Taper Protection: Where to Go when Rates Rise

Advisor Perspectives welcomes guest contributions. The views presented here do not necessarily represent those of Advisor Perspectives.

I have fielded a number of questions from advisors about the effects of rising interest rates on real estate values. The negative effect of rising rates is predictable for fixed incomes, but real estate returns vary and are dependent on a number of factors. I will start with a historical analysis that demonstrates the strength of real estate returns during periods of rising rates. Then I’ll outline the factors that drive changes in real estate values in a rising-interest-rate environment. I’ll conclude with a discussion of why core real estate will deliver attractive returns relative to fixed-income investments in the current environment.

Recap of recent events

When the Fed signaled that its third round of quantitative easing could end more quickly than most market participants expected, interest rates spiked significantly. The 10-year Treasury yield increased 104 basis points between May 2 and July 10. This 63% increase wreaked havoc on the market, and fixed-income investors got an unpleasant reminder of the strong inverse relationship between interest rates and bond prices. The iShares Barclays Aggregate Bond Index Fund lost 3.95% in the last three months.Investors reacted by yanking $60.4 billion out of fixed-income mutual funds in June. Intermediate-term bond funds lost $24.4 billion.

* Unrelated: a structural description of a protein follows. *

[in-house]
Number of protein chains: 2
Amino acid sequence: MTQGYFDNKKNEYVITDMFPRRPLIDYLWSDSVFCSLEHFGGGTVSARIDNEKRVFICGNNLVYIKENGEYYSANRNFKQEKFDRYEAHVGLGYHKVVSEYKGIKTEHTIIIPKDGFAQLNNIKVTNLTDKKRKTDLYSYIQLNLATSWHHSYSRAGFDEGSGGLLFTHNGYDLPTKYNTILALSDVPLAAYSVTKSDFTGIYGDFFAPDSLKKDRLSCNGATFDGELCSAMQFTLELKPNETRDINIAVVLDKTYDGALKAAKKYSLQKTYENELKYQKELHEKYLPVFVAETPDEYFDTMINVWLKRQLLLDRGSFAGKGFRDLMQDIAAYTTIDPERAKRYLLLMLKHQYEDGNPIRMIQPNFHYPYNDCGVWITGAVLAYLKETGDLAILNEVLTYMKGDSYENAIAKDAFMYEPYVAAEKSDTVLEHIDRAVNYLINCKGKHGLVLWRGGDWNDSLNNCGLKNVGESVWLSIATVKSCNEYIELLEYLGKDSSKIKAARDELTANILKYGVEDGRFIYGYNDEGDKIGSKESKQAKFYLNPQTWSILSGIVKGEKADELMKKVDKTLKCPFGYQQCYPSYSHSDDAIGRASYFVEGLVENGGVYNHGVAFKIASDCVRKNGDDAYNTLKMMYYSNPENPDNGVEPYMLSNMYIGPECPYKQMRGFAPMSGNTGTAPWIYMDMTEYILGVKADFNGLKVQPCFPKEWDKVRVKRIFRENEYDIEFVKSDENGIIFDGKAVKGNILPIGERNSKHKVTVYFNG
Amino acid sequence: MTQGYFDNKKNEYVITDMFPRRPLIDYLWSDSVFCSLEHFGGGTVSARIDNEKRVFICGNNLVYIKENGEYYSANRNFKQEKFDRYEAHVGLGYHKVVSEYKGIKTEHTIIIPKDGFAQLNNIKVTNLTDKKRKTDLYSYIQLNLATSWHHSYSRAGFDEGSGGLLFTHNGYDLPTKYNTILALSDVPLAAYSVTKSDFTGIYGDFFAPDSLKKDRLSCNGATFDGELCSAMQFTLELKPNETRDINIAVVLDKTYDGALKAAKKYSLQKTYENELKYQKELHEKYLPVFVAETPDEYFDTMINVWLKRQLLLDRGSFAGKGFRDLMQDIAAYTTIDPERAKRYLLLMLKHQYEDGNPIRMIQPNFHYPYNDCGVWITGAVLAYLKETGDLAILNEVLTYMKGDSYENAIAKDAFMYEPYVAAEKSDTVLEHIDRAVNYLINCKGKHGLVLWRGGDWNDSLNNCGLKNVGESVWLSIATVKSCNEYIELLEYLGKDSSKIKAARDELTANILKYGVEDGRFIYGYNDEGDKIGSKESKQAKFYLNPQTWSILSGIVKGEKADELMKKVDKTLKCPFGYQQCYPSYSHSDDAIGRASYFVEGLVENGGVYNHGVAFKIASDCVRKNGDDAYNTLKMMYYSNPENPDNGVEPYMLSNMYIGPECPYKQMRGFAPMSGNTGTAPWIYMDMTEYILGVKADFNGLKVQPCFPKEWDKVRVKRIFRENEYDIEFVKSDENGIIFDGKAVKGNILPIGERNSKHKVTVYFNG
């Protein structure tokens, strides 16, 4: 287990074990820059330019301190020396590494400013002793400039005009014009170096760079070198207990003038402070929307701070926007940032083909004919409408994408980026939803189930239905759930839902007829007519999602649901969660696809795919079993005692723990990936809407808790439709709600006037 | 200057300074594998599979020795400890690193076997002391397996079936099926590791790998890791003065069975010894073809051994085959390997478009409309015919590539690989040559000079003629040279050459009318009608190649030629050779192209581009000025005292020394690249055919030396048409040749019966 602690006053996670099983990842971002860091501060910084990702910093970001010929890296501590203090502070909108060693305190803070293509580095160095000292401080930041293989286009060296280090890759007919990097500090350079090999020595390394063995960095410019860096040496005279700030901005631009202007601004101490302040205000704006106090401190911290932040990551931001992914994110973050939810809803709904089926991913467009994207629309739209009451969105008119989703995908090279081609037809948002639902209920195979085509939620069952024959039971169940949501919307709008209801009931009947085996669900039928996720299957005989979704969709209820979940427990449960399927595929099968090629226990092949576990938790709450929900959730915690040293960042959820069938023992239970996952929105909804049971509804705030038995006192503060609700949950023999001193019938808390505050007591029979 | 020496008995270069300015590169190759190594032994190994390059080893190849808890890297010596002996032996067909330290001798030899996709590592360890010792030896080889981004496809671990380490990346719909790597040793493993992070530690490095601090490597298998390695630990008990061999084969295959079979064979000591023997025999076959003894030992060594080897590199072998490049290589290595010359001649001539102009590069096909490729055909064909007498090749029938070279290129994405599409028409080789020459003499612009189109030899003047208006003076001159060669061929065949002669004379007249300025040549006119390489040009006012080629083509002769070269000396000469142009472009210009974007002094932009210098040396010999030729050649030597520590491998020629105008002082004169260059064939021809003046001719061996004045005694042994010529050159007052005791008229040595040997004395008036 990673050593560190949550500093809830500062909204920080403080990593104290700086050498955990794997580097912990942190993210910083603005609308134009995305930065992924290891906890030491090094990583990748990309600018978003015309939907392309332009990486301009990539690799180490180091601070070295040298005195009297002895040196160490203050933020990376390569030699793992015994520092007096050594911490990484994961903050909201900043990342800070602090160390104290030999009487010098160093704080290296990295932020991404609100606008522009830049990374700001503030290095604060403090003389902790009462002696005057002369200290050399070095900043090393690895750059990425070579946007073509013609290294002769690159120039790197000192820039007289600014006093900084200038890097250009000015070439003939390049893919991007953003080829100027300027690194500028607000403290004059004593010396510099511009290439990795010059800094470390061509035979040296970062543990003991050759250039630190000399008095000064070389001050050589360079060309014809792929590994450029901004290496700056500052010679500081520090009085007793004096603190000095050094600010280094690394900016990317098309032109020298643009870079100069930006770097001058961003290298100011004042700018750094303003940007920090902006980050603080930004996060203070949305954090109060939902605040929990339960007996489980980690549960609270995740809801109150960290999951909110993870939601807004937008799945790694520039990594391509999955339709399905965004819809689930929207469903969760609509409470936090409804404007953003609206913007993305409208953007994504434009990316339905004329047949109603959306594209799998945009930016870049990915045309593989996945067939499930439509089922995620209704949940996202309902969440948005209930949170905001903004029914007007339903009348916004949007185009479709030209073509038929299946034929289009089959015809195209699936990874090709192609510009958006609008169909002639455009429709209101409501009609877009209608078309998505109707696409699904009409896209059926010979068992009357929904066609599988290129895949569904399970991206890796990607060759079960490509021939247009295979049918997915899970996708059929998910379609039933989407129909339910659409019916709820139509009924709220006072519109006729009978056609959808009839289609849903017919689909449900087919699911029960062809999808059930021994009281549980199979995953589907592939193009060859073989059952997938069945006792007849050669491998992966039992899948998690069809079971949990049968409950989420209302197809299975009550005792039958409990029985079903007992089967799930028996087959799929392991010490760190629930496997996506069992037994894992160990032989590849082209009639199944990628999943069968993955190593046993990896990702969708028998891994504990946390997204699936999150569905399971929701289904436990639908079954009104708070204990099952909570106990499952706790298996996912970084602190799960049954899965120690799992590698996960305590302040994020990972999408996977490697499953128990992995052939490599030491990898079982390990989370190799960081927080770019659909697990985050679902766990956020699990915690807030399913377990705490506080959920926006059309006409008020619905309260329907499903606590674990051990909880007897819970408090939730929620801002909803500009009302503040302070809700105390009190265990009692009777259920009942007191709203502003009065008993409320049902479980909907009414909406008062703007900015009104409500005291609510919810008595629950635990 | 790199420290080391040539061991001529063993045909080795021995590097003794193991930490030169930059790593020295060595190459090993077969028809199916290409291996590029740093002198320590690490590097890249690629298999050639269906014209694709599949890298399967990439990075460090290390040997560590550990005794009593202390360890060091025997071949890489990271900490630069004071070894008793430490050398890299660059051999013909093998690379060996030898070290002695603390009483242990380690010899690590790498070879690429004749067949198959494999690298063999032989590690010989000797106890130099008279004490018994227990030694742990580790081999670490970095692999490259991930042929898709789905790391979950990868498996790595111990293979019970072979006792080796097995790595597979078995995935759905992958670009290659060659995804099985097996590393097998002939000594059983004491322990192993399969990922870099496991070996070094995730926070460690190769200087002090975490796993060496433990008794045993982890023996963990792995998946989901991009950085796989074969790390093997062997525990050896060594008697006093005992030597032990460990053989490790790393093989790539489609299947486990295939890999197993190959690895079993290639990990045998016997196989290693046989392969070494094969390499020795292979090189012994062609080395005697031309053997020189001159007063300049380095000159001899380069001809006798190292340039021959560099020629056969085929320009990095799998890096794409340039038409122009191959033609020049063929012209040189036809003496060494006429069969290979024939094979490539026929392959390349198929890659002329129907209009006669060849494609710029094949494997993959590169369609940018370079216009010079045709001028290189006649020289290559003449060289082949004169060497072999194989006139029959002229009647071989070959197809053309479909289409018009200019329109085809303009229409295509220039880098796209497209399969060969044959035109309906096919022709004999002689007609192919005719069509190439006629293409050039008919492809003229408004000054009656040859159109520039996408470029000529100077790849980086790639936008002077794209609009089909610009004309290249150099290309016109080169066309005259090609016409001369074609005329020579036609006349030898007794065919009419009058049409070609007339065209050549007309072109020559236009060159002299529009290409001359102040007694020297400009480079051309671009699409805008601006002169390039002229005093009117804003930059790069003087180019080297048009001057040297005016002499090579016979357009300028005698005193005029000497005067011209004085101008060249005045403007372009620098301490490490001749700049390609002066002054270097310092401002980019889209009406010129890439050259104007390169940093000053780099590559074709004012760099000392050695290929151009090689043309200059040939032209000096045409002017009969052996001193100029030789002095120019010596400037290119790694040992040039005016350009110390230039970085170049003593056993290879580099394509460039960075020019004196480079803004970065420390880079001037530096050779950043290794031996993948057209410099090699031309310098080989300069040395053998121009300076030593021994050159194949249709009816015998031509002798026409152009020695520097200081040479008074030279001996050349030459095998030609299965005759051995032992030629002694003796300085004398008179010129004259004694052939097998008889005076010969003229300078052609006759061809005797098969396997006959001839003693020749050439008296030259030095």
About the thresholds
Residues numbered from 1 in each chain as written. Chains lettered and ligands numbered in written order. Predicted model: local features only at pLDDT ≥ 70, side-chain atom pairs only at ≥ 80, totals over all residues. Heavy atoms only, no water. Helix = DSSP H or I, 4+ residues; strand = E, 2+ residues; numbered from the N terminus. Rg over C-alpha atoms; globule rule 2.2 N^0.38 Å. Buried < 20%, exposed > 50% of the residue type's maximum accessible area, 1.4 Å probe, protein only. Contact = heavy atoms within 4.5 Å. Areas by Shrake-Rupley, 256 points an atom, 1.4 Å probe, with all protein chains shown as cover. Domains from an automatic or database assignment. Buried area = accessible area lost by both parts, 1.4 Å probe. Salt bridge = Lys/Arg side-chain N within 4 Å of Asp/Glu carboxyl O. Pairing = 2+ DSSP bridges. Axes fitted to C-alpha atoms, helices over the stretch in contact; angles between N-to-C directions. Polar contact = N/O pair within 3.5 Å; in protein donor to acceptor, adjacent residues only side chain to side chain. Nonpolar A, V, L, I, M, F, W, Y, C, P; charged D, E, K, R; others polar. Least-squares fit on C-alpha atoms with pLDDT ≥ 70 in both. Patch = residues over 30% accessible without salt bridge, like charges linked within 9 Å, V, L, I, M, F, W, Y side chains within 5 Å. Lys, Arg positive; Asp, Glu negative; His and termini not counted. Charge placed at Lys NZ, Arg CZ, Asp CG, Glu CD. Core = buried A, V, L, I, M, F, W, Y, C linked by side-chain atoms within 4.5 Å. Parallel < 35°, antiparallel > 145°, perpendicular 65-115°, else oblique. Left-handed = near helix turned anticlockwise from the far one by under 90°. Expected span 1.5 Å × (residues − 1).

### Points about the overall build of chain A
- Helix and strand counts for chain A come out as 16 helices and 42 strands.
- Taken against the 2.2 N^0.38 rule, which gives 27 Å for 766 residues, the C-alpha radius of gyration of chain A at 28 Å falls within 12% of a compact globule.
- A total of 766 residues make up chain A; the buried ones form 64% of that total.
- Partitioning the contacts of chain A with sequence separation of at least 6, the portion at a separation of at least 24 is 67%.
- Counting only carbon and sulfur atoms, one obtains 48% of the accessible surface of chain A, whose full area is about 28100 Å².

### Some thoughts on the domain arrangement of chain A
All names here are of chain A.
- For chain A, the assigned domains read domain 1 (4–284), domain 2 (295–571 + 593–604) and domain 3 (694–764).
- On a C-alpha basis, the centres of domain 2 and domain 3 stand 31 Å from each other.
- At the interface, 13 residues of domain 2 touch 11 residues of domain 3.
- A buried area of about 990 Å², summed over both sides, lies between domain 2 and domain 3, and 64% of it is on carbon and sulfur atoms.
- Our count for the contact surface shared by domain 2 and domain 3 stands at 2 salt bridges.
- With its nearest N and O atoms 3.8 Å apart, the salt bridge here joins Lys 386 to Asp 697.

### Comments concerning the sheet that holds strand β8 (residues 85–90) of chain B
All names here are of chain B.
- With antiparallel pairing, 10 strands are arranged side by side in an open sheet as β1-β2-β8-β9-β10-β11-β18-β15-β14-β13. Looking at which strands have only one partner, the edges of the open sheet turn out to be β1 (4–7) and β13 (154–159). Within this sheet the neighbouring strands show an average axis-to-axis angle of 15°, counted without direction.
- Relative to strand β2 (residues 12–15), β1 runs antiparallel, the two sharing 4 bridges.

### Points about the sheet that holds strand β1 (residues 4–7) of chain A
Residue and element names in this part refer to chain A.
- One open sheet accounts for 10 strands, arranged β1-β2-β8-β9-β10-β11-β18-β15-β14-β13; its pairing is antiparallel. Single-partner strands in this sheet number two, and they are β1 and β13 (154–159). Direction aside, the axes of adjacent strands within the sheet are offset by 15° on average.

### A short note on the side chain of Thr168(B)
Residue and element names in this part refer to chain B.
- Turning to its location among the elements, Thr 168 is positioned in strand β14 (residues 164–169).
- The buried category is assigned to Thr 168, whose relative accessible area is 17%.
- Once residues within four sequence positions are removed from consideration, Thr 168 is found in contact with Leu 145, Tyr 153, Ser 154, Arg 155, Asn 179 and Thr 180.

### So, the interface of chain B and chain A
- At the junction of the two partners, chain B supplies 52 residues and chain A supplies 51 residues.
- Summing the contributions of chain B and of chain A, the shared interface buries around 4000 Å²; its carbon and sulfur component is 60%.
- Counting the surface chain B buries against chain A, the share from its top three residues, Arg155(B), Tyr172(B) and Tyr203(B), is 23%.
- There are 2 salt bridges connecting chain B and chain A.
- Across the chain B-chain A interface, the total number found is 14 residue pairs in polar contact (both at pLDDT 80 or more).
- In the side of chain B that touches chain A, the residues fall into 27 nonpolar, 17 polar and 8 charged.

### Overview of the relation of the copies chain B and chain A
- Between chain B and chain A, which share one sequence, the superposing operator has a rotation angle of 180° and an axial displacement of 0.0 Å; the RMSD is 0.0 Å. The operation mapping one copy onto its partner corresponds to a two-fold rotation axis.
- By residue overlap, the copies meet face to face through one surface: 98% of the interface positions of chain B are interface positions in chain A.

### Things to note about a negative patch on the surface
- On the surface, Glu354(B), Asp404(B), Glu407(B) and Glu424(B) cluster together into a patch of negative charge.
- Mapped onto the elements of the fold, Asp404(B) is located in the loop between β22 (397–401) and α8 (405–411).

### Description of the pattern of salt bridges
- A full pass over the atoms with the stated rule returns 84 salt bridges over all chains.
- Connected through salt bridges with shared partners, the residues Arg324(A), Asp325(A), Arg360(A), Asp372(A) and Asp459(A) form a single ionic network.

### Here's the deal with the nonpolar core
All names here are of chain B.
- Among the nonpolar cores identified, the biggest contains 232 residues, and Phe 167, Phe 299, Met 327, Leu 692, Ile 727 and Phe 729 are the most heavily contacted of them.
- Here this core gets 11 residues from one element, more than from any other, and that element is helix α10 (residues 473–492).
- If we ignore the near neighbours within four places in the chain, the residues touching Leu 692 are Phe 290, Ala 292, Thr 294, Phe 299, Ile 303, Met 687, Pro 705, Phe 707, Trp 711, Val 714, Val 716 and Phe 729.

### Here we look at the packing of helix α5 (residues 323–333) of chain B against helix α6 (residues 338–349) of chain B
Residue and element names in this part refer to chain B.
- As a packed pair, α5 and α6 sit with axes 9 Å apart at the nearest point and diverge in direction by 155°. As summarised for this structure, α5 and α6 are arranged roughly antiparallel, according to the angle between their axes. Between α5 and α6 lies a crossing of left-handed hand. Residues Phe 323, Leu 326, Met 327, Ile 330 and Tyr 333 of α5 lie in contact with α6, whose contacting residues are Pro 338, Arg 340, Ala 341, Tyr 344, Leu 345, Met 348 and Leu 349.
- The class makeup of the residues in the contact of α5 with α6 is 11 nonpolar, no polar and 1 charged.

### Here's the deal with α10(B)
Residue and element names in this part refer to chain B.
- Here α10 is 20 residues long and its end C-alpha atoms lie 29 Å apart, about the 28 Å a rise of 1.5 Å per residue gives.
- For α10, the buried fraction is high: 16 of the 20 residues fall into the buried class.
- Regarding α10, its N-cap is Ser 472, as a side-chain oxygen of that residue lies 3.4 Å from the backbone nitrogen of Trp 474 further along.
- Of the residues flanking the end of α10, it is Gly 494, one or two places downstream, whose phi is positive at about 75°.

Advisors are faced with a dilemma of where to place capital that is earmarked to generate income. With high-dividend-paying stocks and other yield investments bid up over the last several years, there are few attractive options. Direct core1 real estate is an optimal solution in the current investment landscape.

Historical evidence

Direct core real estate has performed well in rising-interest-rate and inflationary environments. I isolated every trough-to-peak period in the last 35 years when interest rates increased by at least 100 basis points and, as a subset of that, 150 basis points (see Figures 1 and 2). Private core real estate, as measured by the NCREIF Open End Diversified Core Equity Index2 (NFI ODCE), performed well during those time periods, averaging a 12.2% annual return when rates increased by 100 basis points or more. When rates increased by 150 basis points or more, the average return improved to 19.2% annually, due primarily to elimination of the 2008-10 period. Notably, 2008-10 was the only period in the data set when real estate returns were negative during an interest rate rise of 100 basis points or more.

1. Core real estate is characterized by high-quality real estate assets, leverage between 0% - 30%, a stable tenant base and conservative income-focused return targets

2. The NFI-ODCE is an index of investment returns reporting on both a historical and current basis the results of 30 open-end institutional commingled funds pursuing a core investment strategy.